Jeff Bezos, founder and CEO of Amazon, said he was backing higher corporate taxes to fund infrastructure improvements
Amazon has long been a lightning rod for critics of corporate tax avoidance and is now looking to lead the way in reforms.
Jeff Bezos, CEO of Amazon, this week approved a higher corporation tax to fund infrastructure as part of a “balanced solution that will maintain or improve US competitiveness”.
Amazon’s move comes after years of criticism from activists claiming they pay little or no corporate taxes.
According to the Institute for Taxes and Economic Policy, an advocacy group, last year Amazon had an effective income tax rate of 9.4 percent on profits of $ 20 billion after two years of no tax.
The low tax rate is partly explained by the Trump-backed 2017 reform that lowered corporate taxes. Amazon also benefited from “write-offs interruptions” in its investments and stock options, according to the institute.
President Joe Biden, who is proposing a $ 2 trillion infrastructure program funded in part by increasing the corporate tax rate from 21 percent to 28 percent, last month cited Amazon as an example of corporate tax avoidance.
Biden was referring to a 2019 study that found that many of the “largest companies in the world, including Amazon … don’t pay a single penny in federal income tax,” the president said.
Amazon has defended its policies and has at times had heated debates with political leaders. His investments would have offset taxes, as stipulated by tax legislation.
“We pay every penny we owe. Congress drafted tax laws to encourage companies to reinvest in the American economy,” tweeted Amazon in response to a 2019 candidate Biden comment.
Amazon found that its tax provision from last year – the closest approximation of federal taxes paid – was $ 1.7 billion and that billions more were paid in wage taxes, duties, and state and local taxes.
President Joe Biden speaks with Vice President Kamala Harris on April 7 about infrastructure investments in the Eisenhower Executive Office Building on the White House campus
“Aggressive Tax Planning”
Daniel Shaviro, a law professor and tax specialist at New York University, said Amazon and other firms often use “aggressive tax planning” and can sometimes outmaneuver authorities, but most of the time they only use what the law allows.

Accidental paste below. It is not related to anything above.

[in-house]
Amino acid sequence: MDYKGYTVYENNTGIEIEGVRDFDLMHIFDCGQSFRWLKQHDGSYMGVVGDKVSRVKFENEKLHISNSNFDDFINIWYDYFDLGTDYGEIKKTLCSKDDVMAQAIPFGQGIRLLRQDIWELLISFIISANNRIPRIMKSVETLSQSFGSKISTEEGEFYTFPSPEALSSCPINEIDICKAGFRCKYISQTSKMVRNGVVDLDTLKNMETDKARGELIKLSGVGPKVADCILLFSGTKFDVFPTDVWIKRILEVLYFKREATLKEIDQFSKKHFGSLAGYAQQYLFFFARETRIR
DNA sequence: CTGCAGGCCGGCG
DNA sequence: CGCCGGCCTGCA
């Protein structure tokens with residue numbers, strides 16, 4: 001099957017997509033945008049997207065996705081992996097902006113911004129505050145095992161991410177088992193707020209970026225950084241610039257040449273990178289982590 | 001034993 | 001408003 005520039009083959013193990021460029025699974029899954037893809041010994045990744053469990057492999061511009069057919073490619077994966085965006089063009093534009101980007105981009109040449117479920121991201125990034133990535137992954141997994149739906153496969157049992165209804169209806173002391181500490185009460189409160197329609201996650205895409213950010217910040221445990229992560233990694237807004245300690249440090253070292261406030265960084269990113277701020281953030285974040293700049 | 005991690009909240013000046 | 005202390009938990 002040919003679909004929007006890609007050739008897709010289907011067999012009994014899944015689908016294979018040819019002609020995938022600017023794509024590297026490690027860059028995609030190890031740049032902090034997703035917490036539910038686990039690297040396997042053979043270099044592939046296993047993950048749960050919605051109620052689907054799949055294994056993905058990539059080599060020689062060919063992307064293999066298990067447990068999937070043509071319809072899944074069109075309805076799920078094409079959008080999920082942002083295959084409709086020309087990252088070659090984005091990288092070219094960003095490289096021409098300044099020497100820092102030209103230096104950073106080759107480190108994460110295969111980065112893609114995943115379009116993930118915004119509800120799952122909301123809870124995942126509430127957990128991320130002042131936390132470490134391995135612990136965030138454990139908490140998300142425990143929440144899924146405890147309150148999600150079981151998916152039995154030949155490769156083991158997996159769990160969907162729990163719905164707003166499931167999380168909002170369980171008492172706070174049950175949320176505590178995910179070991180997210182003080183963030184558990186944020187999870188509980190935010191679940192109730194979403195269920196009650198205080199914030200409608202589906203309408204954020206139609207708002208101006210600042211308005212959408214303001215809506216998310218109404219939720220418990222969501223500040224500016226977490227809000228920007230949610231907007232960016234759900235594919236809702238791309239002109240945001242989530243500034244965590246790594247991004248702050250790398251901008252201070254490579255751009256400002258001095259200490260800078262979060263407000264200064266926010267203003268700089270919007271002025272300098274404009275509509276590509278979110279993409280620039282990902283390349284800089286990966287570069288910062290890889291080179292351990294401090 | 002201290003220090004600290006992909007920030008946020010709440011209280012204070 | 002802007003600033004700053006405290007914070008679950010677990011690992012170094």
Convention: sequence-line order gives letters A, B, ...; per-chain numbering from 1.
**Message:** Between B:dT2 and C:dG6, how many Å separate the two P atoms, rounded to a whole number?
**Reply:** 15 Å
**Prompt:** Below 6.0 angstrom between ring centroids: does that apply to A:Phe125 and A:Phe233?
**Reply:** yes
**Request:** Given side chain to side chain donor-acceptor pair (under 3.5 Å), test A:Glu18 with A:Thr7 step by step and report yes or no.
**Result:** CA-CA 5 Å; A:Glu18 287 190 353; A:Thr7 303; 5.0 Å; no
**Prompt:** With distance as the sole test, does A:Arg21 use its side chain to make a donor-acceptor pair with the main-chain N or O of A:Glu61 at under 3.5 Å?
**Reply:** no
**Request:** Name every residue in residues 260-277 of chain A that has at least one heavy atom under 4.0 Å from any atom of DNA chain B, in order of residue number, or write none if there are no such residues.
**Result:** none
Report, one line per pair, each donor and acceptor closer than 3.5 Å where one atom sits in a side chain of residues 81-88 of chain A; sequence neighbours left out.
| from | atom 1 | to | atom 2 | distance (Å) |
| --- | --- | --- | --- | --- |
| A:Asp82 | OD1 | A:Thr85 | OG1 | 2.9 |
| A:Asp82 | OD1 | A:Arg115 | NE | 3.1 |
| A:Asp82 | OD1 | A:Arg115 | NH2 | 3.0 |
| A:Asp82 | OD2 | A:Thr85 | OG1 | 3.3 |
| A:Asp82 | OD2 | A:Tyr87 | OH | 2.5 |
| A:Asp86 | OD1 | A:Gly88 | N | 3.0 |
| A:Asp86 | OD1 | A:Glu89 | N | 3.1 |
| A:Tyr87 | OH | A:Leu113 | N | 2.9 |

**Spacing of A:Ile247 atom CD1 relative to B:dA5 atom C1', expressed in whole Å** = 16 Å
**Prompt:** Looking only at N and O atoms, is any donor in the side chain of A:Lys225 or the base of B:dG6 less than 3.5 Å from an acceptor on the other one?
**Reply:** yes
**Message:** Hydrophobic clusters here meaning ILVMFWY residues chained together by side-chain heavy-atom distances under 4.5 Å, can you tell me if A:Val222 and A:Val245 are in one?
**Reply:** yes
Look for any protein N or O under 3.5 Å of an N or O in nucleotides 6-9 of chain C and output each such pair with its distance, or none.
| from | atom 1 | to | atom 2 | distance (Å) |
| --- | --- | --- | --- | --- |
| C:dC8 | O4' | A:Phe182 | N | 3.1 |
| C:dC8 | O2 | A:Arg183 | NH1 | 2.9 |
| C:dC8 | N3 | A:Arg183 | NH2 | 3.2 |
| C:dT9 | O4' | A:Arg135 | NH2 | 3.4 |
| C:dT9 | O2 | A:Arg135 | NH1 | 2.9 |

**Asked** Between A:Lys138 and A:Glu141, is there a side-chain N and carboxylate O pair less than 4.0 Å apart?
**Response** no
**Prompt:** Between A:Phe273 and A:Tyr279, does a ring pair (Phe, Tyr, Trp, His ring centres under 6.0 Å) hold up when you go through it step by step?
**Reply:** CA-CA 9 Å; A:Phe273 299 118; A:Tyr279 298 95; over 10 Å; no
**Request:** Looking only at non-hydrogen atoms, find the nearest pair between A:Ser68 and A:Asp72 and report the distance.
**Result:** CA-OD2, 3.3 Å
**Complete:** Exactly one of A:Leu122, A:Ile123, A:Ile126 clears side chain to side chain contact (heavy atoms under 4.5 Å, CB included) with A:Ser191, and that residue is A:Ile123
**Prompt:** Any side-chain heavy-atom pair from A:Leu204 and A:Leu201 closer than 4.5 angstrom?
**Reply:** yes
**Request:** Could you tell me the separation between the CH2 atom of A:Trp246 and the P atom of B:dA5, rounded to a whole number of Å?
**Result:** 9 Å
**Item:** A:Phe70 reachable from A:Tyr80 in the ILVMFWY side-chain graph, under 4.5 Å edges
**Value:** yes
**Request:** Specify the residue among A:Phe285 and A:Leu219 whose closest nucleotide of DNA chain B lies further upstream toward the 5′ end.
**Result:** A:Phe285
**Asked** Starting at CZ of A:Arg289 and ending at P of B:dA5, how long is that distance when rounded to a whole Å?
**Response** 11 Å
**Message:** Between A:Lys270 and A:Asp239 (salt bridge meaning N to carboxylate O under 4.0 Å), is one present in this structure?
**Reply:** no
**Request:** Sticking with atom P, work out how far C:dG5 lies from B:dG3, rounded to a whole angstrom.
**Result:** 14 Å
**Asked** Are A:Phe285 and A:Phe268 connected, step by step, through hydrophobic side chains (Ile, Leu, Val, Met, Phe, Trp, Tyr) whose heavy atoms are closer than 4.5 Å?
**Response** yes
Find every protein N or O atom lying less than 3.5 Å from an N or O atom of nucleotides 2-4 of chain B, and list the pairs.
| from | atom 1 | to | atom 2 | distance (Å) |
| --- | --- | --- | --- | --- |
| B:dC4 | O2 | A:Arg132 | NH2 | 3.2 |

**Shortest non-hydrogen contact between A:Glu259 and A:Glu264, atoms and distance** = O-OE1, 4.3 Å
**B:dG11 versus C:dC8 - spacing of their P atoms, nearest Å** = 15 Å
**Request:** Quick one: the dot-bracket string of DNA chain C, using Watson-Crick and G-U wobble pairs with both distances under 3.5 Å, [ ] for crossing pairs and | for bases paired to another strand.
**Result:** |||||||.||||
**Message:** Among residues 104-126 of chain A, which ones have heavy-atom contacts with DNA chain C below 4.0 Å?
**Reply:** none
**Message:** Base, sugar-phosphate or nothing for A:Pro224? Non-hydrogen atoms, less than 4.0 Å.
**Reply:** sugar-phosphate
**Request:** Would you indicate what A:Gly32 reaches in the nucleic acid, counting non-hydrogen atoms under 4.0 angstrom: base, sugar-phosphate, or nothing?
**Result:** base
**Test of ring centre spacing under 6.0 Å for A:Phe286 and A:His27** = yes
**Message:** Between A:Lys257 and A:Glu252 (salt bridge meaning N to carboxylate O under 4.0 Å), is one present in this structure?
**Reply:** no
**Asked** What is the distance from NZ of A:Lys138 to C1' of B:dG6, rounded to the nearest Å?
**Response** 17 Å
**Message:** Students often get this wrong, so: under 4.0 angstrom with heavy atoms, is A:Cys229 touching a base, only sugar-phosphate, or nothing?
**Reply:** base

“You can blame the political system,” Shaviro said.
The Amazon news comes amid a debate over harmonizing international tax rates for multinational corporations to limit profit shifting and with increased scrutiny of large companies using loopholes to lower their taxes.
ITEP said at least 55 profitable large U.S. firms paid no federal income taxes in 2020, including food conglomerate Archer Daniels Midland, delivery giant FedEx, and sportswear maker Nike.
“Avoiding corporate taxes hurts ordinary Americans by reducing resources for health care, road repairs, and other essentials,” said a recent blog post by Amy Hanauer, ITEP executive director.
Lilian Faulhaber, a professor of tax law at Georgetown University, said tax law is under constant pressure as companies use incentives to stimulate growth and sometimes go beyond what was intended.
Given the tax changes being made in various US states and around the world, “I think the tide is starting to turn and that these companies may be more pressure than they have been in a while to pay more taxes,” she said .
A big reason for Amazon’s low tax rate was its massive investments in warehouses and other services that can be deducted from profits but may bring more revenue in the future, Shaviro said.
A major reason for Amazon’s low tax rate, according to tax specialist Daniel Shaviro, was the massive investments in warehouses and other services that can be deducted from profits but may bring more revenue in the future
“A company that is expanding pays less taxes, but in theory they pay more when they stop expanding.”
Some companies could use one year’s losses as a write-off of profits the following year, Shaviro noted, or deduct stock options that create a tax liability for the executives they receive.
“The government can generate total revenue if Amazon withdraws the stock option and a US person pays it,” he said.
More questionable is the practice of shifting or transferring profits around the world, underscoring the need for better tax harmonization between countries, Shaviro said.
Some analysts say Amazon’s support for a higher tax rate may not make much of a difference if the company continues to be able to deduct similar expenses.
The higher tax rate “may not matter,” said Steve Rosenthal, a senior fellow at the Urban-Brookings Tax Policy Center.
In addition, Rosenthal said Amazon could seek favor with the Biden government in international negotiations as some countries seek new taxes on digital platforms in the US and a global contract from the Organization for Economic Co-operation and Development is discussed.
“Amazon needs the support of the US government to fight to avoid double taxation,” said Rosenthal.
“Amazon may support Biden in the hope of staying on his good side in negotiations with the OECD on taxing digital companies.”
Despite rising profits, Amazon will not pay federal income tax for 2018, according to the report
© 2021 AFP
Quote: Long-term tax target Amazon now cites the reform fee (2021, April 8), which was accessed on April 8, 2021 from https://techxplore.com/news/2021-04-longtime-tax-amazon-reform.html
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